- Add this to Americas' Mayors' list of dubious accomplishments.
Apart from his completely useless 13 million dollar bunker set up in the
US building complex most expected to be attacked by terrorists, WTC 7 housed
CIA, FBI and other Federal offices. I guess if you want to destroy some
incriminating evidence there's nothing like 6,000 gallons of fuel oil to
do the trick. For the real story on the "Giuliani Legacy" see
- City Had Been Warned of Fuel Tank at 7 World
- By James Glanz and Eric Lipton
- Fire Department officials warned the city and the Port
Authority of New York and New Jersey in 1998 and 1999 that a giant diesel
fuel tank for the mayor's $13 million command bunker in 7 World Trade Center,
a 47-story high-rise that burned and collapsed on Sept. 11, posed a hazard
and was not consistent with city fire codes.
- The 6,000-gallon tank was positioned about 15 feet above
the ground floor and near several lobby elevators and was meant to fuel
generators that would supply electricity to the 23rd-floor bunker in the
event of a power failure. Although the city made some design changes to
address the concerns - moving a fuel pipe that would have run from the
tank up an elevator shaft, for example - it left the tank in place.
- But the Fire Department repeatedly warned that a tank
in that position could spread fumes throughout the building if it leaked,
or, if it caught fire, could produce what one Fire Department memorandum
called "disaster." Putting a tank underground typically protects
it from falling debris, and impedes leaks or tank fires from spreading
throughout the building.
- Engineering experts have spent three months trying to
determine why 7 World Trade Center, part of the downtown complex that included
the 110-story towers, collapsed about seven hours after being damaged and
set on fire by debris from the damaged landmark buildings.
- Some of the experts, who said that no major skyscraper
had ever collapsed simply because of fire damage, have recently been examining
whether the diesel tanks - there were others beneath ground level - played
an important role in the building's stunning demise.
- The Port Authority, which owns the land on which the
building stood and issued the building permit for the tank and its fireproof
enclosure, said yesterday that it believed the structure had in fact met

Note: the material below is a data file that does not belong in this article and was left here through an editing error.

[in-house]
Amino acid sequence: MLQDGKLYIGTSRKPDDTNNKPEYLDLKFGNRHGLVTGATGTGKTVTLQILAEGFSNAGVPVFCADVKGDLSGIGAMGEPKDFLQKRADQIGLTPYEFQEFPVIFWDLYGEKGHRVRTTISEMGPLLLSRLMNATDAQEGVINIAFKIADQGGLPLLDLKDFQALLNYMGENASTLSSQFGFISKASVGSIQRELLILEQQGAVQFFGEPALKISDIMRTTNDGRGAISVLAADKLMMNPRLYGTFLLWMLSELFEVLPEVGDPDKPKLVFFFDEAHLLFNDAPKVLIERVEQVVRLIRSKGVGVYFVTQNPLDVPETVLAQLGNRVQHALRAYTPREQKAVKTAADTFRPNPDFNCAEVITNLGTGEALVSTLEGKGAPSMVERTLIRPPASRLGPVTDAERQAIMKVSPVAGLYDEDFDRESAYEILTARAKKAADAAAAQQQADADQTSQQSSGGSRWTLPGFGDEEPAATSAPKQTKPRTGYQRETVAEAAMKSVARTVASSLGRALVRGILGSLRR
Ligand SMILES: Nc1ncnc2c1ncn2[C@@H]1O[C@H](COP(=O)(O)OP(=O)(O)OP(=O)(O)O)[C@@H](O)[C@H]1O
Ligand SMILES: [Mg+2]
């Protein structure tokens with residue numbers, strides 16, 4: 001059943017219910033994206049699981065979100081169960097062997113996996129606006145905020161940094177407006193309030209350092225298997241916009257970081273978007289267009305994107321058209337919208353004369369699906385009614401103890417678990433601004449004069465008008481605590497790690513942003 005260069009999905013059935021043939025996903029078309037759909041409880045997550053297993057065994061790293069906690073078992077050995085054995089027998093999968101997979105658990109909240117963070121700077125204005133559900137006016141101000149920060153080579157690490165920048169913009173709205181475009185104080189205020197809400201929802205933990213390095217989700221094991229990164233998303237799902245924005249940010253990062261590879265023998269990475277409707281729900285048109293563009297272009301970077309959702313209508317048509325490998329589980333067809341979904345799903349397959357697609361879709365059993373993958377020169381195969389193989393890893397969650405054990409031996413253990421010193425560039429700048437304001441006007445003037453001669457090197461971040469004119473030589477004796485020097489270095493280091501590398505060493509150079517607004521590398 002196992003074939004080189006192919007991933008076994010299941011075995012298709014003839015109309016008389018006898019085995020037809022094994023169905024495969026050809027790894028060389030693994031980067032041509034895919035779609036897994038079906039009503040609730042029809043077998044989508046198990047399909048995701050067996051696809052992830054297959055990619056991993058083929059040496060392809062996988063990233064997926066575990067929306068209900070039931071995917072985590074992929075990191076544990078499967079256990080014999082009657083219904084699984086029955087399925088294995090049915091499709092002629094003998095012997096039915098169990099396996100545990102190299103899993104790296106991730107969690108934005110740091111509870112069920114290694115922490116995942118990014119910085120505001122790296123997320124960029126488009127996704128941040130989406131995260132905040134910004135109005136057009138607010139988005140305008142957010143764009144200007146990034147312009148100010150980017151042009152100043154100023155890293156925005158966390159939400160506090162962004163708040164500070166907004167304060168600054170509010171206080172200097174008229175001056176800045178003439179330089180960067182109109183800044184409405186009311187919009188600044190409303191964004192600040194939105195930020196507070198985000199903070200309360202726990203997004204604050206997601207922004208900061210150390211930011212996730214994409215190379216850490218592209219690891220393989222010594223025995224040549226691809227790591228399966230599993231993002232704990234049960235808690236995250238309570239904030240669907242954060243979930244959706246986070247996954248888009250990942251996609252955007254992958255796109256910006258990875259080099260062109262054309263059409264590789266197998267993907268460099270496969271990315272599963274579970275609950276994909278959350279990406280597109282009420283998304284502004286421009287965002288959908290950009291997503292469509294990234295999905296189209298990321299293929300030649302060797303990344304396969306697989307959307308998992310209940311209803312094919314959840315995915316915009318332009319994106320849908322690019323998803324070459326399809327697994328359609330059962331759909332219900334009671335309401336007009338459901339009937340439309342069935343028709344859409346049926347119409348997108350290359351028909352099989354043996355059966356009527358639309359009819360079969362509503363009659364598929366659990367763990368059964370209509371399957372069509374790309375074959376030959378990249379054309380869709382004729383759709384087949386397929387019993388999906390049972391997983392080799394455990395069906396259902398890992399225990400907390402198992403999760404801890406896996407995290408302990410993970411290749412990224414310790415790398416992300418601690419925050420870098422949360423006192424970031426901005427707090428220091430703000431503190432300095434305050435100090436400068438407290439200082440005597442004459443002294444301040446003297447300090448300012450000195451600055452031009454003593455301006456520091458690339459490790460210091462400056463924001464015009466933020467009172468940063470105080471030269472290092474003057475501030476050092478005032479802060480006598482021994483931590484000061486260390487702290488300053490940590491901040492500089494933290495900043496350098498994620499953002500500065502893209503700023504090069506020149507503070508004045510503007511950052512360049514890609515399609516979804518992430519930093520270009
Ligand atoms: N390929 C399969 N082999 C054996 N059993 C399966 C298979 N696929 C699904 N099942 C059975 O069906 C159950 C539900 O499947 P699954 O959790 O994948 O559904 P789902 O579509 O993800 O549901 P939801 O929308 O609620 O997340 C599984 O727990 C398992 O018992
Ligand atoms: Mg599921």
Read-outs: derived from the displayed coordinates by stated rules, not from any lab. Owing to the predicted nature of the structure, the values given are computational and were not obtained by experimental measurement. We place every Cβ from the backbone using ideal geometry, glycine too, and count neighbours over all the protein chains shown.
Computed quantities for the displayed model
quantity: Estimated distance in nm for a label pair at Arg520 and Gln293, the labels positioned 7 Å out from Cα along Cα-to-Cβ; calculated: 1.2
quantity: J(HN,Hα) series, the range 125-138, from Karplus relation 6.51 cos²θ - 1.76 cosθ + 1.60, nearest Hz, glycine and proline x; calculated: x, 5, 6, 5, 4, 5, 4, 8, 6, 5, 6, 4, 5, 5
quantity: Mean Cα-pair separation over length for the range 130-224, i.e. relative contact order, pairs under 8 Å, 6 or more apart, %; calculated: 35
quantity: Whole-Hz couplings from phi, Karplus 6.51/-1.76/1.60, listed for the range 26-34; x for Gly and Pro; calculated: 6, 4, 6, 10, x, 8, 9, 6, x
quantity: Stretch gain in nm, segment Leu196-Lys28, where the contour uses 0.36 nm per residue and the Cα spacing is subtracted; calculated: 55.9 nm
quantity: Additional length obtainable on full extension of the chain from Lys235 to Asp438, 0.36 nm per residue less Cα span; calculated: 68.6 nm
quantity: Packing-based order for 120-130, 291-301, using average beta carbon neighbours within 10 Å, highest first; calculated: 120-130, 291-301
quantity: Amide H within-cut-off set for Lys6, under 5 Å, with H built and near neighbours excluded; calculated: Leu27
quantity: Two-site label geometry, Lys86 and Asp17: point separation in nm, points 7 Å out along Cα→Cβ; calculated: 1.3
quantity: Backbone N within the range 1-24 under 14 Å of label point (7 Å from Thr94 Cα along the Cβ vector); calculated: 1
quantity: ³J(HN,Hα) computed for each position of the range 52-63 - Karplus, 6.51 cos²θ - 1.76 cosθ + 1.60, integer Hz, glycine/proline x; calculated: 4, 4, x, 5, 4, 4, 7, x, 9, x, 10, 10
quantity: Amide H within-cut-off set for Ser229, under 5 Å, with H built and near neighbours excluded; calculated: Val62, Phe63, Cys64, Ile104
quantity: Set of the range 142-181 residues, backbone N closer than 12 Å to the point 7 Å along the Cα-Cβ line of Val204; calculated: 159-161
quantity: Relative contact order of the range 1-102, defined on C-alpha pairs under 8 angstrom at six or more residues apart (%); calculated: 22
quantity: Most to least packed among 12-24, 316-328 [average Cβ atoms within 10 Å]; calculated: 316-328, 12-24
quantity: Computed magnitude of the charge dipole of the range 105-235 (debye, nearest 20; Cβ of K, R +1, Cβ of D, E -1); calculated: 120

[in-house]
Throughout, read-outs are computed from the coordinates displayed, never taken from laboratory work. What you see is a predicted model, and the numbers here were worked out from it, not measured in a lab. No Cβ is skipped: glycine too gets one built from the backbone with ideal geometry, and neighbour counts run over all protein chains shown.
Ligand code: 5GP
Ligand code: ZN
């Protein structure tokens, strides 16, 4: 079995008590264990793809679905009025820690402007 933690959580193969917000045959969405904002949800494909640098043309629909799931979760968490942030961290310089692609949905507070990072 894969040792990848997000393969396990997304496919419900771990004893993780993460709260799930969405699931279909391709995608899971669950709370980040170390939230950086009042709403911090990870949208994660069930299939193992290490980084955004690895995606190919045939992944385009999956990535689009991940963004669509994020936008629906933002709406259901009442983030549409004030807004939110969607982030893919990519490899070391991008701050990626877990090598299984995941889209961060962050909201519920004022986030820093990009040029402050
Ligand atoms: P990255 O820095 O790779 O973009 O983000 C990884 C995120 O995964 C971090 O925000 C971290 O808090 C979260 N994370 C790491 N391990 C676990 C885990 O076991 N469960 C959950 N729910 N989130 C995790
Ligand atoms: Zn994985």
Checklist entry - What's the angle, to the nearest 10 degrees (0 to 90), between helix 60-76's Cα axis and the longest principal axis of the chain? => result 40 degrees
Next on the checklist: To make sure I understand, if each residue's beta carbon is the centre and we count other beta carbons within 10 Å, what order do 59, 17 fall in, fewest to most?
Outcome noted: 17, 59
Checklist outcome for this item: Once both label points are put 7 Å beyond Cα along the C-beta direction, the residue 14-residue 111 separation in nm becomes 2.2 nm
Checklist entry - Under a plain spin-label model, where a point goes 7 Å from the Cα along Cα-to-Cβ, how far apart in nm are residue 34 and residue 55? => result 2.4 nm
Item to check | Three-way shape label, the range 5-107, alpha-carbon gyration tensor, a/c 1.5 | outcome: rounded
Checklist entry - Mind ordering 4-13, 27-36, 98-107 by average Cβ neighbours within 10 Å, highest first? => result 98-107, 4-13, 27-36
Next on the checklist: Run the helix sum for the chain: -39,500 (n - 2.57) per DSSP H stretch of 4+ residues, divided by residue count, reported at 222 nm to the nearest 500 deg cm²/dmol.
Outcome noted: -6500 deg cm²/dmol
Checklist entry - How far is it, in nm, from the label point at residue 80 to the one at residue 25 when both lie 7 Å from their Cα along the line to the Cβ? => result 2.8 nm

the terms of the city's fire code. Though the tank was on a tall fireproof
pedestal, it was still effectively on the lowest floor of the building,
as the code requires, said Frank Lombardi, the Port Authority's chief engineer.
- The authority also worked with Fire Department officials
to eliminate the department's original objections, Mr. Lombardi said.
- "We made sure that it was in agreement with the
code," Mr. Lombardi said, adding that the tank was placed in an eight-inch-
thick masonry enclosure.
- A spokesman for the Fire Department said yesterday that
he could not authoritatively say whether all the concerns of its officials
had been addressed by the Port Authority. But when reached yesterday, the
department official who wrote several of the warning memorandums said he
regarded the Port Authority's interpretation of the code to be "a
- The official, Battalion Chief William P. Blaich, said
he still considered the tank's placement to have been unsafe. The Port
Authority has long held that, as a matter of law, it does not have to abide
by city fire codes. But after the1993 bombing of the towers, the Port Authority
signed a memorandum of understanding with the city pledging to not only
meet the city's fire codes, but also to often take additional precautions.
- A spokesman for the city's office of emergency management,
Francis E. McCarton, said the city accepted the Port Authority's determination
that the tank and its placement were properly safe. He said it was essential
that the mayor's command center have a backup energy source and placing
it on ground floor was unacceptable because the area was deemed to be susceptible
- "We put it in the area where we needed to put it,"
Mr. McCarton said. Any suggestion that the tank's position was a factor
in the collapse of the building was "pure speculation," he said.
- He added that the tank had fire extinguishers and was
surrounded by the thick, fire-resistant containment system, and that the
fiery collapse of the towers could never have been anticipated in the city's
- No one is believed to have died in the collapse of 7
World Trade Center. But its collapse did further complicate the rescue
and recovery efforts under way at the scene.
- The engineering and fire experts who have been examining
the collapse of 7 World Trade Center have not settled on the final cause
of the disaster. But they have seen evidence of very high temperatures
typical of fuel fires in the debris from the building and have raised questions
about whether the diesel accounted for those conditions.
- At least two firefighters who were at the scene, Deputy
Chief James Jackson and Battalion Chief Blaich, said that the southwest
corner of the building near the fuel tank was severely damaged, possibly
by falling debris, and that the tank might have been breached.
- Mr. Jackson said that about an hour before the building's
collapse, heavy black smoke, consistent with a fuel fire of some sort,
was coming from that part of the building.
- The Port Authority said it was unlikely the heavy masonry
surrounding the tank could have been breached, and its officials have raised
the possibility that the two diesel tanks buried just below the ground
floor of the building might have contributed to the fire. They have also
asserted that structural damage from falling debris is a more likely culprit
in the collapse.
- Several fire experts said that, whatever the questions
surrounding the city's code, installing giant fuel tanks above the occupied
spaces of a building posed serious risks.